Why is life so hard sometimes? We’re stressed and on edge, and we wonder why things just never work out the way we planned. We chase an elusive happiness in our careers, our relationships, our social status, and our money, but there’s always something missing.
The problem is that happiness is fleeting, and we constantly need more to fill us up. And the inner peace we were born with has gone missing.
As adults, we can find that missing peace because it hasn’t gone anywhere. That inner peace and carefree innocence we seem to have left behind is still with us, but it’s buried under layers and layers of the habits, thinking, and beliefs we grew up with or developed and still hang on to.
We just have to find it.
Based on both research and the author’s personal experience, this easy-to-read and occasionally humorous book explains how the process of living buries the inherent peace that was once ours. By examining and rethinking the strategies that aren’t working for us, we can relearn ways of living that allow our peace to resurface and develop new skills that invite it to stay.
Fifty common situations are discussed along with suggestions for alternative courses of action. A lengthy list of recommended reading is also provided and includes online articles and videos for further exploration. Neither short nor long, the book’s eight chapters and over 33,000 words give the reader plenty to think about.
By examining and peeling away the layers that hide it, we can find our missing peace and live our lives with more satisfaction, greater success, and happiness we didn’t think was possible.
Scroll down for reviews or click the image for your PDF copy ($1.99 USD):
Reclaim The ‘Peace’ You Were Born With
By Rosemary Hannan
What makes this book so different and so much more rewarding than many self-help books is that its author, Leah McClellan, writes from the heart and shoots from the hip. As an experienced writer and editor who majored in psychology and English at university, she also shares her life experiences and the lessons she learned through the “school of hard knocks.”
It’s a no-nonsense “tell-it-all as it is kind of read,” that step by step, teaches us how we can identify and eradicate the emotional baggage that has taken us further away from the peace and wisdom we were born with. “By the time we’re adults, our actions aren’t springing from things we’ve learned in peace so much as they’re based on what we’ve learned in pain or avoidance of pain.” McClellan talks about “honoring our boundaries,” communicating clearly and saying what we mean. We find out how to respect ourselves by acting in alignment with our values and beliefs. How to dig deep to find out what’s really bothering us when we slip into “negative” mode, learning that we can choose how to react to our emotions rather than letting them take control of us. Listening to our gut, how to handle anger, maybe we need to break rules that don’t serve us . . . the sheer joy of wearing odd socks because we feel like it! All in all, this book is about examining our lives in detail and the plethora of habits and self-limiting beliefs that we’ve picked up along our journey so that we can declutter that which no longer serves us.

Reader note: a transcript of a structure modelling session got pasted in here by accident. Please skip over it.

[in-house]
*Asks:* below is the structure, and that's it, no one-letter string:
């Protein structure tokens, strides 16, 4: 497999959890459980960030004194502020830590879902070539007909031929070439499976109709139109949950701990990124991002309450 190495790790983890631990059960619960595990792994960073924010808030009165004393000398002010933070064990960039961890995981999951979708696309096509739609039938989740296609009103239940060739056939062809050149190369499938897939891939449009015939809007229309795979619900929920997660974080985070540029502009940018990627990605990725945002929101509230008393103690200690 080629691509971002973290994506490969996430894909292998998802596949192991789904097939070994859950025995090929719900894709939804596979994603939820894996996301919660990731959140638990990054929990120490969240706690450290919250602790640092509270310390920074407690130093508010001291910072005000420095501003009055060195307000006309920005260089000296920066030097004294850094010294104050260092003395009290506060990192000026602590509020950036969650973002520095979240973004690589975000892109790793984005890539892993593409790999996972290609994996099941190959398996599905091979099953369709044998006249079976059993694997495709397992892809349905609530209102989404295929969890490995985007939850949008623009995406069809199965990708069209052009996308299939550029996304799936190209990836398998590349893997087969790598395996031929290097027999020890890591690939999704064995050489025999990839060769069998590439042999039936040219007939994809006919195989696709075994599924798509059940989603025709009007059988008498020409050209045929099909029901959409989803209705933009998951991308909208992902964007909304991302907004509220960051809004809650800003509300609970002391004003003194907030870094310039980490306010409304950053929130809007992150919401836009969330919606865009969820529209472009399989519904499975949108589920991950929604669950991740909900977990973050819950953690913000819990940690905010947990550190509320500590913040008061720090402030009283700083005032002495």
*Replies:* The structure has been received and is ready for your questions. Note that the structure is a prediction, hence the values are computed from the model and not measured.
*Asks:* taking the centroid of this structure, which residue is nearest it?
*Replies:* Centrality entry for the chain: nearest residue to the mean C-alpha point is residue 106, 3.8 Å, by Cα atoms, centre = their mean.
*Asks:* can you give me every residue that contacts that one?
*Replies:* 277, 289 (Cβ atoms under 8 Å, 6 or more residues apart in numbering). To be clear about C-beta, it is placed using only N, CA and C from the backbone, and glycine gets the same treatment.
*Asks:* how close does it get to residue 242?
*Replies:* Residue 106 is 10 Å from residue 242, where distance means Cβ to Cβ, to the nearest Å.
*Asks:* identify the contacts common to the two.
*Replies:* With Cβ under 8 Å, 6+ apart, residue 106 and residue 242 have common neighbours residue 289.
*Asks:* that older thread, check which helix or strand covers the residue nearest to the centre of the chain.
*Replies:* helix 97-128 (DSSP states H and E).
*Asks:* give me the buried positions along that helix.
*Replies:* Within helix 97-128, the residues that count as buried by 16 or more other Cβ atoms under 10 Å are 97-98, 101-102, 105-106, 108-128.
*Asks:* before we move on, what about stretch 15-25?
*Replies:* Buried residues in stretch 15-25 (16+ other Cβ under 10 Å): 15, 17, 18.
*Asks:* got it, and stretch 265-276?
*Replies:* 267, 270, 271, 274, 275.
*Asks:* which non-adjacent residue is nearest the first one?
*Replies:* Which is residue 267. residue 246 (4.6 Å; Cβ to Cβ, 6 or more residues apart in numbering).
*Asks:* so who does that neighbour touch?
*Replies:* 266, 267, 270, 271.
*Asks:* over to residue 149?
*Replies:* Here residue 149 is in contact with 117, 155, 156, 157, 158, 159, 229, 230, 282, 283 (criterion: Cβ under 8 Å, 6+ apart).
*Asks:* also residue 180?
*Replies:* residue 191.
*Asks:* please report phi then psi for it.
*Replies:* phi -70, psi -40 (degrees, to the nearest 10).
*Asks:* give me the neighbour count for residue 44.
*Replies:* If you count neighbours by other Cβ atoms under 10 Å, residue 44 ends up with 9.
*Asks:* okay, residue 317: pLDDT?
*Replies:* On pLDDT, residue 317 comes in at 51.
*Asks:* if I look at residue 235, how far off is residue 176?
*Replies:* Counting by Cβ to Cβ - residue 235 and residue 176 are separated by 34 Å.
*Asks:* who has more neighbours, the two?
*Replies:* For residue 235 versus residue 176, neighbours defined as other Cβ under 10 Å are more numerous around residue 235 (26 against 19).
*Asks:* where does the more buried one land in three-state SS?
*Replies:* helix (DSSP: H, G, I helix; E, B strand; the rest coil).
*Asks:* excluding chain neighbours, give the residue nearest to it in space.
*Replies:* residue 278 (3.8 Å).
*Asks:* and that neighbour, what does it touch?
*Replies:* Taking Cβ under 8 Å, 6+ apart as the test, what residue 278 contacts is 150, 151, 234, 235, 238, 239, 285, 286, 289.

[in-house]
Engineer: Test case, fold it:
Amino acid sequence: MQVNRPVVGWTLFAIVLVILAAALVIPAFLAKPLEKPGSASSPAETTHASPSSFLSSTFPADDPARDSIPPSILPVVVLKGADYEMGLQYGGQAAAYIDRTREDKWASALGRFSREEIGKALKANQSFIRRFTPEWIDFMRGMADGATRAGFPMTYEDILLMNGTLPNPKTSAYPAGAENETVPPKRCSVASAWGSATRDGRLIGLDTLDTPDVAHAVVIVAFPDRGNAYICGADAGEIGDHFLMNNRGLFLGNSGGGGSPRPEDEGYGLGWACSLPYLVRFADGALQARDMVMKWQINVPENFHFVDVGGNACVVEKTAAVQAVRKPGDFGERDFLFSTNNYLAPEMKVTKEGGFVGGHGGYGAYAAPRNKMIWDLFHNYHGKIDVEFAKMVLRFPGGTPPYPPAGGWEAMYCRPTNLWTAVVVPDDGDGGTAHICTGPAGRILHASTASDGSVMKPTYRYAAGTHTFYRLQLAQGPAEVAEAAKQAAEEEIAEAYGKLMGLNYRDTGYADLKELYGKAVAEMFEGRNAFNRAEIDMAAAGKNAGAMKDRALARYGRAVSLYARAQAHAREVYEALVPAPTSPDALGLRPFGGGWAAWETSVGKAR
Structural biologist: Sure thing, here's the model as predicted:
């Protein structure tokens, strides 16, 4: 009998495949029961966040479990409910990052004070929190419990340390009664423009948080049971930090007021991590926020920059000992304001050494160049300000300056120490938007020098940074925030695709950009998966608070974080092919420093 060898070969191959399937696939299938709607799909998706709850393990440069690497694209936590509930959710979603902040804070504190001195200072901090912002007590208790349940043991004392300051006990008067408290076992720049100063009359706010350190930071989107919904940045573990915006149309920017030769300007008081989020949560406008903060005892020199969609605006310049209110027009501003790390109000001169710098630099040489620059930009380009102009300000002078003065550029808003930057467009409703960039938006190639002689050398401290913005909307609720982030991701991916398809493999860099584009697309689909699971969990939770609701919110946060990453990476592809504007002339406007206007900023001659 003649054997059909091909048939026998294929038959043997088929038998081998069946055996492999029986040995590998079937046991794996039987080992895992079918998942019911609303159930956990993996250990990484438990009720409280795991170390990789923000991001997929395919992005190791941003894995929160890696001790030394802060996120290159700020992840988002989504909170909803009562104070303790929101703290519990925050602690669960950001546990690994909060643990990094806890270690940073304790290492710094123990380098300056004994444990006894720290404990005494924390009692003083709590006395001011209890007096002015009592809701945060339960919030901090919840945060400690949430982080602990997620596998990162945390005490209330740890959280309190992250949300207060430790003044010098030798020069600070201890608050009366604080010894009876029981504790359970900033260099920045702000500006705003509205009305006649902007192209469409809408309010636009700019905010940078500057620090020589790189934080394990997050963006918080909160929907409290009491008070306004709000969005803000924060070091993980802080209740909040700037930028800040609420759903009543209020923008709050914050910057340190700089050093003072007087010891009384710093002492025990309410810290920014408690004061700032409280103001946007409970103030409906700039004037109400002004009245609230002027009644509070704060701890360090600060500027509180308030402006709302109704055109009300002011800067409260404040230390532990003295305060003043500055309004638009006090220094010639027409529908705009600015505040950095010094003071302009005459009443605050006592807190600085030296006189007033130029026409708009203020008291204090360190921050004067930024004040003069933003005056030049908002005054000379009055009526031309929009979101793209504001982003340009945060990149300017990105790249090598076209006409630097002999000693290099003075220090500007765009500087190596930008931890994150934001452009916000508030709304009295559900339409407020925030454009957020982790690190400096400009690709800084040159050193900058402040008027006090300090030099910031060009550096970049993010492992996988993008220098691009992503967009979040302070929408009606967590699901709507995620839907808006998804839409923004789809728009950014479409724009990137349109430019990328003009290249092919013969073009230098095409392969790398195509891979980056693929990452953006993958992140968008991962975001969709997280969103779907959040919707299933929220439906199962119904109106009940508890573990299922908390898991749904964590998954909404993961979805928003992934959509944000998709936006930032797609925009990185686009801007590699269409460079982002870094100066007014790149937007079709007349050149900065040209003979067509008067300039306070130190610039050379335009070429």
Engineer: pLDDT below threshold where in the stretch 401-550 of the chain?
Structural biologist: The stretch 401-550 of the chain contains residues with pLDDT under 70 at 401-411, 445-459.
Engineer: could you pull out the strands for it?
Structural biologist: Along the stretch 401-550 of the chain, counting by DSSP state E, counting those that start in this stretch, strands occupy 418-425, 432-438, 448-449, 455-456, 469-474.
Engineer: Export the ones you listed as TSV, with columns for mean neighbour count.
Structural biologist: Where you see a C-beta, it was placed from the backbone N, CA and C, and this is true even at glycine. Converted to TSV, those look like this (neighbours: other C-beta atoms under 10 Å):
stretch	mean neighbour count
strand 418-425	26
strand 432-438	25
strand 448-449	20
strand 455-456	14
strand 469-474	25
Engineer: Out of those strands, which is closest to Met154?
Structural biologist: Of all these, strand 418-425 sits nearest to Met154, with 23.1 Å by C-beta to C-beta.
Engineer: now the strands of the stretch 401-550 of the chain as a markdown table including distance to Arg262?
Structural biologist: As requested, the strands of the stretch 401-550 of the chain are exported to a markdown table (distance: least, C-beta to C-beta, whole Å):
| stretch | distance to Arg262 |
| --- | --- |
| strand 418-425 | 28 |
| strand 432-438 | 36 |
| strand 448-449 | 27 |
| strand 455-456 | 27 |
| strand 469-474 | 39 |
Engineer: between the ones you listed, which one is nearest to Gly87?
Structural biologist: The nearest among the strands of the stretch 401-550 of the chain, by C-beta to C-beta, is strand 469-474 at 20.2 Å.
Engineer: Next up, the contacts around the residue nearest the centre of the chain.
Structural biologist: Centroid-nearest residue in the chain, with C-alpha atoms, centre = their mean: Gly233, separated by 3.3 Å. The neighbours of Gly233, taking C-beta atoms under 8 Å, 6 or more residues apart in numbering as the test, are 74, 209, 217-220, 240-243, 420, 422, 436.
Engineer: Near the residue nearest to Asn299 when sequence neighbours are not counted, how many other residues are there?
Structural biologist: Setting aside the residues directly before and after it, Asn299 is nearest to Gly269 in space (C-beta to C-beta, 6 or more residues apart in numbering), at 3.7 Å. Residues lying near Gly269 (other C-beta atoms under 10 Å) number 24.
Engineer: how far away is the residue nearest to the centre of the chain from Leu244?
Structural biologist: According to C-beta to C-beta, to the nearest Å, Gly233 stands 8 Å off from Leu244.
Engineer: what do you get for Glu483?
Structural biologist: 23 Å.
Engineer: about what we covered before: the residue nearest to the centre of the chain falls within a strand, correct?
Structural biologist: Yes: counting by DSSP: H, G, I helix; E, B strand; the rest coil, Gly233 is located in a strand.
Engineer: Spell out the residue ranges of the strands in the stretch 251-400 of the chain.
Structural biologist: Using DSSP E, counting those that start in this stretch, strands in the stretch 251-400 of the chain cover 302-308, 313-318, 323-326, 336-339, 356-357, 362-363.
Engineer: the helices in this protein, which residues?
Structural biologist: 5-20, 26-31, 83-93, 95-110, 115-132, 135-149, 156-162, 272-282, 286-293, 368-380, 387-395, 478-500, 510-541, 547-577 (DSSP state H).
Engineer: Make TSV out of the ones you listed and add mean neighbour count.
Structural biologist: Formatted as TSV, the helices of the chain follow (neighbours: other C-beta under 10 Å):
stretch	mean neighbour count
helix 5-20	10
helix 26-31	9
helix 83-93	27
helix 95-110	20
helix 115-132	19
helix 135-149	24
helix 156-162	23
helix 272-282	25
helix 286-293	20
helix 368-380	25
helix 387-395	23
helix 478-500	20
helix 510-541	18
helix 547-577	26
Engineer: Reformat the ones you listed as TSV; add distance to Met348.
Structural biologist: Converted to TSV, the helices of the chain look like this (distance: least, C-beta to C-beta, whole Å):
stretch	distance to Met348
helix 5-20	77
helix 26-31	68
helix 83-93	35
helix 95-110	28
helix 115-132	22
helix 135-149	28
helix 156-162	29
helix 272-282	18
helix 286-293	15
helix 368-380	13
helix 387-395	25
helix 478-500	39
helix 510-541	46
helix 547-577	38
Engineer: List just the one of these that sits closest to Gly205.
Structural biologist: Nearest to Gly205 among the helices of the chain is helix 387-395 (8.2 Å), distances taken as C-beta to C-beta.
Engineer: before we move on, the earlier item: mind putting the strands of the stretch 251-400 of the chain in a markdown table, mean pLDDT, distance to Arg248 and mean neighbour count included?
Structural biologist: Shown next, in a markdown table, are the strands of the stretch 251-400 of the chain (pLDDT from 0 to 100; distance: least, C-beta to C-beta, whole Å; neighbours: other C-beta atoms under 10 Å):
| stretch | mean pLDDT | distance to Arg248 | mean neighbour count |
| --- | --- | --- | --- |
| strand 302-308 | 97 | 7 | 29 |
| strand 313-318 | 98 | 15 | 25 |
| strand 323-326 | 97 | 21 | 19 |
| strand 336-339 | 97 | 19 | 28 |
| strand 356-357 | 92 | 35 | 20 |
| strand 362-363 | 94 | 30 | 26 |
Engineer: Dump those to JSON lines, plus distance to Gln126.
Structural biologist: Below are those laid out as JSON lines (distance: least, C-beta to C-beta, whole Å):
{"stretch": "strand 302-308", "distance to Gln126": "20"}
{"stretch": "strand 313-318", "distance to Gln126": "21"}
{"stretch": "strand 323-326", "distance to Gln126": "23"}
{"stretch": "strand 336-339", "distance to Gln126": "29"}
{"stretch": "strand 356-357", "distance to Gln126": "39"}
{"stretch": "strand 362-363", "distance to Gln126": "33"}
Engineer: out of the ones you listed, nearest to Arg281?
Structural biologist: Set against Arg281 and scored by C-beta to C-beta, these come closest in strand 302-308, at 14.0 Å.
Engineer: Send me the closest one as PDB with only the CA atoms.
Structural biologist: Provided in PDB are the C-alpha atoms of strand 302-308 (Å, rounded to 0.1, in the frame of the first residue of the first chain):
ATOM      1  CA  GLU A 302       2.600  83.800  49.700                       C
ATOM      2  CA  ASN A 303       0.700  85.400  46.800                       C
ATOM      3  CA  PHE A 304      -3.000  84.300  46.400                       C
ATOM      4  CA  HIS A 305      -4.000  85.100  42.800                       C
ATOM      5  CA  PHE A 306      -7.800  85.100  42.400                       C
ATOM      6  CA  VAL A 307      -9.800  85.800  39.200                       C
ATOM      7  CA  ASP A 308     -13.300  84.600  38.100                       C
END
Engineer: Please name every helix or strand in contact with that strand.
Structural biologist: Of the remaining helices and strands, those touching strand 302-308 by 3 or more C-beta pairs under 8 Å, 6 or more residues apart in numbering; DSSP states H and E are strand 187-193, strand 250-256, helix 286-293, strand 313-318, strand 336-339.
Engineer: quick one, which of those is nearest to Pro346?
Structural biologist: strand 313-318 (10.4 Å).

No matter how enlightened or clever we think we are or how far we think we’ve come, I believe that we can all benefit from reading this book . . . peeling back through the pages of our life story like layers of an onion, so that as McClellan points out, we can “find our inner peace shining in the darkness.”
Searching for Inner Peace? If yes, this book is for you
“By the time we’re adults, our actions aren’t springing from things we’ve learned in peace so much as they’re based on what we’ve learned in pain or avoidance of pain.” Leah gives her reader an understanding of not only what one must do to create real and lasting inner peace, but why inner peace can be so elusive.
Her life experiences inform her wisdom, compassion and understanding. She’s not writing form a theoretical place, but from personal experience. I enjoyed her idea of having “peace projects” (Chapter 6). Since reading about inner peace isn’t always enough to get us there, she offers ways one can practice creating inner peace while experiencing a re-occurring stressful situation by having personal peace projects. This is what makes this book different, its actionable guidance that you can take and work on so you can live with the peace you’re seeking.
In 8 chapters she lays out a clear road-map covering the numerous areas and nuances that tend to get in the way of living with inner peace, and offers practical approaches to each and everyone. It’s a perfect length book with no “fluff” or filler. It’s one of those books you’ll read more than once, and will become a resource where you flip back to your favorite pages when you need a reminder.
Two Enthusiastic Thumbs Up!
By Sheri Miesner Phegley
Peace in simple actions
This book is a wonderful companion when it comes to practicality and peace.
With specific, straightforward steps you get to clear all sorts of clutter from your life and create more room for peace.
I love Leah’s style and openness. She tells it as it is–direct, simple and powerful.
If you desire more peace in your life you need to do the work–physical, mental and emotional, from relationships to your surroundings and everything in between.
Each chapter gives specific steps to move towards a more peaceful life. Work with the chapters that address your issues first. Regardless of what part of your life you want to focus on, you will find something in this book that will help you in having more peace right now.